This is the age when children can really appreciate reading. Concept books become more meaningful, with ideas like up/down, big/little, and top/bottom. Children are learning more about themselves and the world around them.
In addition, the number of words kids can understand has increased so reading becomes more reciprocal as you encourage their language skills. You can ask, "Where's the ball?" And when they point to it, say, "Yes, that's a red ball."
Your toddler may also begin developing favorite books from her library. Be prepared to read a story again and again. In our house, the day is not complete without a hearty rendition of Sandra Boynton's Pajama Time! Often Piper will giggle excitedly in anticipation of her favorite line, "It's Pajama Time!" (She's especially thrilled when my husband delivers the line overdramatically in an Adam Sandler-esque voice.)
Christine Lunday of Ashby, Massachusetts, mother to 12-year-old Justine and 3-year-old Jacqueline, agrees. "One of our favorite stories was Madeline. No matter how many times we read it, we never got tired of reciting the line, 'To the tiger in the zoo, Madeline just said, Pooh-Pooh.'" Funny, repetitive sounds (like pooh-pooh) and animal and vehicle noises are big hits now.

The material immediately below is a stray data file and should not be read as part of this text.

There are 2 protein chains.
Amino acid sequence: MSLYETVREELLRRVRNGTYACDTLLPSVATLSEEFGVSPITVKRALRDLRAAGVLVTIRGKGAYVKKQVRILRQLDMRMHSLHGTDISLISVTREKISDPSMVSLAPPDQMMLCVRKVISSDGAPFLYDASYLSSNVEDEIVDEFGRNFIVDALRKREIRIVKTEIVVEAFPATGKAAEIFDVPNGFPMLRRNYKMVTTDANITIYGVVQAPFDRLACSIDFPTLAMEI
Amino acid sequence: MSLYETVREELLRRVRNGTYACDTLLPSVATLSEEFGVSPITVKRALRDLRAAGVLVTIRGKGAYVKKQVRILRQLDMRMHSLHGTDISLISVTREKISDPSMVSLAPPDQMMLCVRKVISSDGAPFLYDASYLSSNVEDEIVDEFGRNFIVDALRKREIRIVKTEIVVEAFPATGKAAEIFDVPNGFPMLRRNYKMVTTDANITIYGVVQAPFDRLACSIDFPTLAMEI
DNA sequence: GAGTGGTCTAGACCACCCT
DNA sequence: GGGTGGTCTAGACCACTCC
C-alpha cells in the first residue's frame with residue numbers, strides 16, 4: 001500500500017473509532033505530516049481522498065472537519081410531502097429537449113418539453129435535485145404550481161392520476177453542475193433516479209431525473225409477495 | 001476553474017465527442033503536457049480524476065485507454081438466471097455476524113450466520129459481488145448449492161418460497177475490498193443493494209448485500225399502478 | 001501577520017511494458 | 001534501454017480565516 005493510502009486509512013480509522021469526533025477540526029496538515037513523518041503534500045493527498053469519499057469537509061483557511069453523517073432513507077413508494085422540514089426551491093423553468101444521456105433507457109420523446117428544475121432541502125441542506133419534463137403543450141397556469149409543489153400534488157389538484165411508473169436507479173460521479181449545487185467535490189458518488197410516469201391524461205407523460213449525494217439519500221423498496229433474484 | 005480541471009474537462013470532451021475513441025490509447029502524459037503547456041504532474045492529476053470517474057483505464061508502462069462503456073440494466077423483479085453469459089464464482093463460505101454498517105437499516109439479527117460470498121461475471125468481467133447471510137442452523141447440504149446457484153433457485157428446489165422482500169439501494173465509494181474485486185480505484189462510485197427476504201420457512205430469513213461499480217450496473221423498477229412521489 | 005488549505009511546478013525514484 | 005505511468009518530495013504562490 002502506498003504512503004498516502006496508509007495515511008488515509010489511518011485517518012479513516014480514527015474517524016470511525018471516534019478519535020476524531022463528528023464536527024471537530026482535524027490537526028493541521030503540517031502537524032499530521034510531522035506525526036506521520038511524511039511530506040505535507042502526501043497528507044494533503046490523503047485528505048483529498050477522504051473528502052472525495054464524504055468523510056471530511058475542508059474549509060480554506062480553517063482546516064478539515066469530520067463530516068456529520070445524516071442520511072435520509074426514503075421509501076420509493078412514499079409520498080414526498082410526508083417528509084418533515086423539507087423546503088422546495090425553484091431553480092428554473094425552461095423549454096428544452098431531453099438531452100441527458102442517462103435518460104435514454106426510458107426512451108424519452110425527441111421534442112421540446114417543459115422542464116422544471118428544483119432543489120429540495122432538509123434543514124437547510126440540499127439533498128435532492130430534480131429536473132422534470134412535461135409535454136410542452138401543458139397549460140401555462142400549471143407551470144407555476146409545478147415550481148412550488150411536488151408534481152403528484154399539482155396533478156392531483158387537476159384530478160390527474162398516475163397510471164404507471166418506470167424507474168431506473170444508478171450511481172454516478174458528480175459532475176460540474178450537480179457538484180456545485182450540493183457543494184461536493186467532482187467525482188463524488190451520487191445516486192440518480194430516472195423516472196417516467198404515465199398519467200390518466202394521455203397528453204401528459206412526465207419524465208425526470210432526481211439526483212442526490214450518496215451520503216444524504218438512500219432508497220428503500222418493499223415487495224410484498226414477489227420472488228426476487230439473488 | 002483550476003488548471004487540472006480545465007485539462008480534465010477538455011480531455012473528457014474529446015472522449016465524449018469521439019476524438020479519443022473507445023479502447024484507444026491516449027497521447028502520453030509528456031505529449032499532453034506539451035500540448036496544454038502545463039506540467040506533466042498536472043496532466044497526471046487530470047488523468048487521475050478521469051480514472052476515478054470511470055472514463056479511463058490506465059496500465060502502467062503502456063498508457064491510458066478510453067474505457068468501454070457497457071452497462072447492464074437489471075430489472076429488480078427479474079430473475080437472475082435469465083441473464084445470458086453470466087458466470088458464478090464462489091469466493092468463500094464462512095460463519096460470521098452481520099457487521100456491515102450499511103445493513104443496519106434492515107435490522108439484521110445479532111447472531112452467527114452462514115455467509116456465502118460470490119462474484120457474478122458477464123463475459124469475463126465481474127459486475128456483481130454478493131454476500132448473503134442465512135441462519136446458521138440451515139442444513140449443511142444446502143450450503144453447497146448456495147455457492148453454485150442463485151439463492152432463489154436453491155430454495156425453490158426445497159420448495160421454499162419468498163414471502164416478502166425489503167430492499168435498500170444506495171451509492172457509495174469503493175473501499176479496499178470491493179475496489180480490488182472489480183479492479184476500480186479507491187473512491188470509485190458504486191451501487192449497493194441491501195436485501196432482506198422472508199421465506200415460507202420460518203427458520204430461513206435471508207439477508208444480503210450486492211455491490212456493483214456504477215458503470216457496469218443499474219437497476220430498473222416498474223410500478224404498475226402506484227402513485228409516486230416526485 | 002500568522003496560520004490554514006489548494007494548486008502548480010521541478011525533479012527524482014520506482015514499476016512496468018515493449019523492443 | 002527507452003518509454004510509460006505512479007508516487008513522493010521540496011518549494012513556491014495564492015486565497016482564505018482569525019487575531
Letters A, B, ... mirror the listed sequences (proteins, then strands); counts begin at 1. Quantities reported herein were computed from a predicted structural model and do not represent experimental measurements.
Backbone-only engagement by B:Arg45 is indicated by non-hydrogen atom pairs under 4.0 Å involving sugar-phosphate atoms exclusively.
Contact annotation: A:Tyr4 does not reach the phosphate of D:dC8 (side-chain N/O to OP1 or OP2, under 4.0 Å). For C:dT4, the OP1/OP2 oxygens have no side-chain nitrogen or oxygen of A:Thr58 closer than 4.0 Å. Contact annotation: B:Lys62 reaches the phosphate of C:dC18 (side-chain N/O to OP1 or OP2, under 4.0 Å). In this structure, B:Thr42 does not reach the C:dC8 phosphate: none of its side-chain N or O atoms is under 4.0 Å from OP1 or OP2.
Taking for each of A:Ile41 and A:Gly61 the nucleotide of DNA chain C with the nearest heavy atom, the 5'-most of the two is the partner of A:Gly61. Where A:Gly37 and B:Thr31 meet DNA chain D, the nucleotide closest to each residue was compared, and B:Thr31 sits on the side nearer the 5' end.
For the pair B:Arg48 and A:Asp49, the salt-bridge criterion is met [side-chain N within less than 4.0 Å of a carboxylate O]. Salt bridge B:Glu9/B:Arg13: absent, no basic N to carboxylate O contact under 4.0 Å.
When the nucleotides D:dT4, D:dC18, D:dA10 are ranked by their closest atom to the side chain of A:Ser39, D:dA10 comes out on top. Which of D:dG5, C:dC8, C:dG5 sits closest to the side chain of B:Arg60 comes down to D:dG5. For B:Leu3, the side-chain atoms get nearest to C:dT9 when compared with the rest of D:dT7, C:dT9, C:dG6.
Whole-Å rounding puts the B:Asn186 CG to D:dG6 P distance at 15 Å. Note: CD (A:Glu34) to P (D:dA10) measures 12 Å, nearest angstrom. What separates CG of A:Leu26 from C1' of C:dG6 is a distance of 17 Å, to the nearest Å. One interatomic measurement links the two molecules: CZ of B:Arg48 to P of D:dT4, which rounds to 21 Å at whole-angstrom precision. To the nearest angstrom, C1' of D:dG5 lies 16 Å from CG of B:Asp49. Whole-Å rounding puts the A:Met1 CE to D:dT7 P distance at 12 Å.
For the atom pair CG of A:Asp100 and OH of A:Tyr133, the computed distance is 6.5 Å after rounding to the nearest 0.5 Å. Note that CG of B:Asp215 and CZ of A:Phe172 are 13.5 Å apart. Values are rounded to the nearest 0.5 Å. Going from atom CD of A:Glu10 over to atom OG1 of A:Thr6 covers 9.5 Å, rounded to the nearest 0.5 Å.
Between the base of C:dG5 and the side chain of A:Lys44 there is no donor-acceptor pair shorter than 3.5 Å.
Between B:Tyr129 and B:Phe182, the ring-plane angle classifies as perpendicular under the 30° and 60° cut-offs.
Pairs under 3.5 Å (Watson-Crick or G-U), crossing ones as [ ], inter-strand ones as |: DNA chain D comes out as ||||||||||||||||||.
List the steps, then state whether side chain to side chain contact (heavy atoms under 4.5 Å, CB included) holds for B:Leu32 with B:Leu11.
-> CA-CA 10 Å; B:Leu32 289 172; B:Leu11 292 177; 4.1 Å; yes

Why aren't kids bored to tears after hearing the same book hundreds of times? As babies get older, their world expands at an alarming rate, which is why toddlers are drawn to stories that they have become accustomed to. The familiarity of a child's favorite book -- stories with common household objects or themes like bedtime -- can instill her with the comfort and reliability she desperately craves. That's also why kids get so upset when you try to skip some words or vary a beloved story.
But while toddlers thrive on repetition and familiarity, this is also the time when they start spending more time outside of the home. Let children know that words and reading are part of the larger world around them. Take them to your local library and bookstores. Read cereal boxes and labels when you go to the supermarket. Take books along for car trips. Buy soft, vinyl books to be enjoyed during bath time. Let them know that books can go anywhere!
What to Read: 12 to 18 Months
- The Very Hungry Caterpillar by Eric Carle
- Fuzzy Fuzzy Fuzzy! by Sandra Boynton
- Time for Bed by Mem Fox
- Where Is Baby's Belly Button? by Karen Katz
- One Fish, Two Fish, Red Fish, Blue Fish by Dr. Seuss